- Posted by Johanna on March 8, 2012 at 6:01 pm
- Category: Graphic Novel News
I noticed this week that Dark Horse was releasing The Storm and the Fury, the 12th volume of Hellboy by Mike Mignola.
That got me thinking. Although creator-owned, I find that this long-running title has rubbed me the wrong way the same way a corporate-owned superhero franchise does lately. I can’t keep up with the history, especially with spinoff miniseries and another sister title, BPRD. I no longer feel like I know the characters or what they want or are trying to accomplish.
This particular volume falls into another corporate comic trap, that of using death to sell books. Yes, the lead character meets his end in here, although there are always flashback stories (and that way Mignola and his increasing numbers of contributors can use Nazis more easily). That brings up another point: as the book becomes longer-running, it’s rarer to see Mignola’s contributions.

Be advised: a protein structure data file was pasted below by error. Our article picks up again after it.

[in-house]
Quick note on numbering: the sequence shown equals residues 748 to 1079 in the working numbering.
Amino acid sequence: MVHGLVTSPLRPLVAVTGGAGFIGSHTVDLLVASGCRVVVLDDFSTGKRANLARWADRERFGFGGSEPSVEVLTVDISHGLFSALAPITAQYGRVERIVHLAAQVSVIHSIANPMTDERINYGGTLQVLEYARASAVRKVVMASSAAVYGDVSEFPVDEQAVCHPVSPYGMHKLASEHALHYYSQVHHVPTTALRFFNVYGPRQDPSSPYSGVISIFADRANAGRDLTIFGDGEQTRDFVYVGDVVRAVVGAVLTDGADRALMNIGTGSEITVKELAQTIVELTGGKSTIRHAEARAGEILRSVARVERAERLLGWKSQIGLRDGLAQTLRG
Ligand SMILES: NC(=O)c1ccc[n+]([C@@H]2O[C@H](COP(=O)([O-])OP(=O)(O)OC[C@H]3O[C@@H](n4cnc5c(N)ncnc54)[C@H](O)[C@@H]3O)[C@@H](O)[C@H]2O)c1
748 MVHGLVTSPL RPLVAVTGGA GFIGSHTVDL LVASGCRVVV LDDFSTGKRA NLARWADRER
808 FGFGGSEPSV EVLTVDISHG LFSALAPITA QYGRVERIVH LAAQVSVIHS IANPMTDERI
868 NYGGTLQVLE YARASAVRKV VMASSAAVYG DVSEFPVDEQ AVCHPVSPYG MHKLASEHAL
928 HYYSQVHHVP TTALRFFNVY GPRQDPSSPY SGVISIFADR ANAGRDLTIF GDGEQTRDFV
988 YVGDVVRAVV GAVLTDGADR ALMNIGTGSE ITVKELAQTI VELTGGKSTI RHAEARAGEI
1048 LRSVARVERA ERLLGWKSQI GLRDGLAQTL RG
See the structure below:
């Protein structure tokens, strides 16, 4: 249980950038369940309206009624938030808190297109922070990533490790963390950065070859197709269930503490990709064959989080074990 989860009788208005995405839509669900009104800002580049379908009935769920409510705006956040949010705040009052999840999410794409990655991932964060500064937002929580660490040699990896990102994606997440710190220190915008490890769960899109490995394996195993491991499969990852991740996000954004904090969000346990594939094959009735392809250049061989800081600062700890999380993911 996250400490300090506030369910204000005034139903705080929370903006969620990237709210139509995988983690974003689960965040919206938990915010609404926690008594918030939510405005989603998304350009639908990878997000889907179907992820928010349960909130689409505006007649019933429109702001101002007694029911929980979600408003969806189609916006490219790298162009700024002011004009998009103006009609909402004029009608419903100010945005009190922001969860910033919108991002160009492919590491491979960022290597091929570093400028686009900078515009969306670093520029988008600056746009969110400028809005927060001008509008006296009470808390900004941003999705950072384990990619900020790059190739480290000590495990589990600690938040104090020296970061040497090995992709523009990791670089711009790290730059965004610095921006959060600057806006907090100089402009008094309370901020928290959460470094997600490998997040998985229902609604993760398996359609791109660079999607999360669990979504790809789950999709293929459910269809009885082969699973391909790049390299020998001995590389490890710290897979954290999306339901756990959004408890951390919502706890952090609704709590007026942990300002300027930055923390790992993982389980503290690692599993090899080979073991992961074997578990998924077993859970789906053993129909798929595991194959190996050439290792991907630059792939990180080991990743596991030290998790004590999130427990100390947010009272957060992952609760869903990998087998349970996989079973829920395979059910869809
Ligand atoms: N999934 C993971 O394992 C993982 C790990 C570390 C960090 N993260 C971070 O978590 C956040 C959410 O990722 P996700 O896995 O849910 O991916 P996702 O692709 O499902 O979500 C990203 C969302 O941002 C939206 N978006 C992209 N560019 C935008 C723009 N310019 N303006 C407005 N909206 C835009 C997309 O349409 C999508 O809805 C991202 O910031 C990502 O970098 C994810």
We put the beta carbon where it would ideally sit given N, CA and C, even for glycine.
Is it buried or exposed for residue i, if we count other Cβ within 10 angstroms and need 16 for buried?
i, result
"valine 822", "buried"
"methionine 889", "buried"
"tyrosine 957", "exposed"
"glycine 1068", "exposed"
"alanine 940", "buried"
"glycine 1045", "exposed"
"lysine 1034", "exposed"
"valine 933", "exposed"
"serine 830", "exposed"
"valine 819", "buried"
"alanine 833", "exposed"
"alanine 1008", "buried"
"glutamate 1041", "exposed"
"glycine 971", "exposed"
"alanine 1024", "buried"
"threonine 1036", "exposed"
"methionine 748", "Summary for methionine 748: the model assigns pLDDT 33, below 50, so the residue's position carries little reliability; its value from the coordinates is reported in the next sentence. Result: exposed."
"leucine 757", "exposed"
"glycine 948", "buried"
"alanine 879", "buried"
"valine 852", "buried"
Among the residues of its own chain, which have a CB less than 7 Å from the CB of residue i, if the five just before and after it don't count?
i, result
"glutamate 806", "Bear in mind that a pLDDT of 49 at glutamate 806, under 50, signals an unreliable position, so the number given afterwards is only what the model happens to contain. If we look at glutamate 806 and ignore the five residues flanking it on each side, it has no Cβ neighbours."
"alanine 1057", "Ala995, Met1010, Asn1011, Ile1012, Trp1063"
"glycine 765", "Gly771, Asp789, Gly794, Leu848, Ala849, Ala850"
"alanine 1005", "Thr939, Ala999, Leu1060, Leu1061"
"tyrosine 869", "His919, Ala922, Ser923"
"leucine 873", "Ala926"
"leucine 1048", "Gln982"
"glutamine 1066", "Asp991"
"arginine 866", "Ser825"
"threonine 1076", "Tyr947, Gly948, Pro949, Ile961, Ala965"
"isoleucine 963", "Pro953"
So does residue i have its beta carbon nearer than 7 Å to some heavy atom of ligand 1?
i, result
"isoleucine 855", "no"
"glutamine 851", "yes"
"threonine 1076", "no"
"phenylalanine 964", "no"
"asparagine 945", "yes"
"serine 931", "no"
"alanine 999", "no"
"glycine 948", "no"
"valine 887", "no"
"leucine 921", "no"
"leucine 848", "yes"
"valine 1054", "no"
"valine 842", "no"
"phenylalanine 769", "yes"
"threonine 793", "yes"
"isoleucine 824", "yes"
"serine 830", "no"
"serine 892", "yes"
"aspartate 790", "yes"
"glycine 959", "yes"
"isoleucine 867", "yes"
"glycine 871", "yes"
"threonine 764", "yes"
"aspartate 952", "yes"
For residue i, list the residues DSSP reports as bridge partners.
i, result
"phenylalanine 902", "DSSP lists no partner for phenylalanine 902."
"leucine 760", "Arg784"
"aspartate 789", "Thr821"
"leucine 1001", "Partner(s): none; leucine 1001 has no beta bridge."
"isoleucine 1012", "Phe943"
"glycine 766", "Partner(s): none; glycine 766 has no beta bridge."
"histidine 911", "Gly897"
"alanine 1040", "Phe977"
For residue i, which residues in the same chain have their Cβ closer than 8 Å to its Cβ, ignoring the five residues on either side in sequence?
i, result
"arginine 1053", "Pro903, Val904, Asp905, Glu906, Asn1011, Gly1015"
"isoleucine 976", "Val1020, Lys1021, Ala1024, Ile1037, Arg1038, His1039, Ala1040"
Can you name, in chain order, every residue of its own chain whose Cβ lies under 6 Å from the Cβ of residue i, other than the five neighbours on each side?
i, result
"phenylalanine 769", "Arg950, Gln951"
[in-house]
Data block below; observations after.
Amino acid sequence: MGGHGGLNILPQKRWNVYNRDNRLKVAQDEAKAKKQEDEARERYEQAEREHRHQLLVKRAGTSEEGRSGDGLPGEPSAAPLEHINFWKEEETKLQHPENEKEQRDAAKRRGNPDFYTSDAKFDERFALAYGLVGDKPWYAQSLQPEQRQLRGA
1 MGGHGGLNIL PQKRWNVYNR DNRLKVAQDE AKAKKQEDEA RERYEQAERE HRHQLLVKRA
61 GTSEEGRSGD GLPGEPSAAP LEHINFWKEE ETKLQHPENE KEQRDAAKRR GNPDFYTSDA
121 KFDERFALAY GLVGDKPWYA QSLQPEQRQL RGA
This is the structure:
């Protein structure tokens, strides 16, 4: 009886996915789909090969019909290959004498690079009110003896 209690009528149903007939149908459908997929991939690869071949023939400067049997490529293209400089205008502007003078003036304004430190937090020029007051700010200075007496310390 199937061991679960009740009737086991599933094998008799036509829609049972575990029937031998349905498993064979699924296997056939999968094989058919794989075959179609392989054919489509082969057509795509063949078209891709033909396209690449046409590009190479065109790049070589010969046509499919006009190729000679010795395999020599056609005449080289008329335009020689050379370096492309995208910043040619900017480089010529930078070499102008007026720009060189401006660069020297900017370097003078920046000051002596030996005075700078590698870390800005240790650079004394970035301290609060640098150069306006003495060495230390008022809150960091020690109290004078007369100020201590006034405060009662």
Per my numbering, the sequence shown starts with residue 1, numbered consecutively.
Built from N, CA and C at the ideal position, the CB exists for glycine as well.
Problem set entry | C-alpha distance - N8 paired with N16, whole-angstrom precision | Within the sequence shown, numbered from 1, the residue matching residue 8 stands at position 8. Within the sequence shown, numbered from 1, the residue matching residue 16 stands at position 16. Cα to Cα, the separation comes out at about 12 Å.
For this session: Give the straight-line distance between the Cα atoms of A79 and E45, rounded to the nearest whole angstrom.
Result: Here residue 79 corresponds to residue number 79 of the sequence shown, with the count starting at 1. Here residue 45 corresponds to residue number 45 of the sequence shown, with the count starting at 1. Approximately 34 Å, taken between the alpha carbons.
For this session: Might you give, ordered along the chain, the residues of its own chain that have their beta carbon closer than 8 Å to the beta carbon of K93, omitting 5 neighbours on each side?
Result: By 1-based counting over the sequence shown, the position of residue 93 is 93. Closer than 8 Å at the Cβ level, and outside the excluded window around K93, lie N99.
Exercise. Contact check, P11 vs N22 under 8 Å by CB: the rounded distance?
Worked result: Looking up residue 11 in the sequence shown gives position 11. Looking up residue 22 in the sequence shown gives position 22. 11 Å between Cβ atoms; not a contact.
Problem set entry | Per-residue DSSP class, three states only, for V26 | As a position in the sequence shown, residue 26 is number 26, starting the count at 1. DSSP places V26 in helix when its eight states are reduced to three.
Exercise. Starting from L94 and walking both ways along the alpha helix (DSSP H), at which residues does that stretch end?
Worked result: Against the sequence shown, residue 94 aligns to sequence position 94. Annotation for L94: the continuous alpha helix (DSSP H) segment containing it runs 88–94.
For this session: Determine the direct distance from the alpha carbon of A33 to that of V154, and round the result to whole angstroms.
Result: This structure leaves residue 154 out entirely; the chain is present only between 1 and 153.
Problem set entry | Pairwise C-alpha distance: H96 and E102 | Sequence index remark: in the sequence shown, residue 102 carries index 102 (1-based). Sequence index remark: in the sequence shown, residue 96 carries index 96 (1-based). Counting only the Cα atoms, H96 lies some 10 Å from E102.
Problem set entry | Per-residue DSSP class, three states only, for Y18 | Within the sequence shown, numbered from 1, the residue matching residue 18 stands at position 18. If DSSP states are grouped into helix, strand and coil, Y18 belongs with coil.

Maybe I’m trying to make more out of this than simply realizing that I’m no longer interested in these characters and their never-ending adventures. I get the feeling that this has become a brand instead of a story — or an excuse to draw cool monster fights. Good for Mignola to have this kind of established property and the success that goes with it. There’s no reason he should be chained to the same character for decades, and if other people want to get paid to play with it, good for them, too.
But I do wonder: is it possible for a comic to keep running for years, regardless of who owns it, and keep the magic it once had for its readers?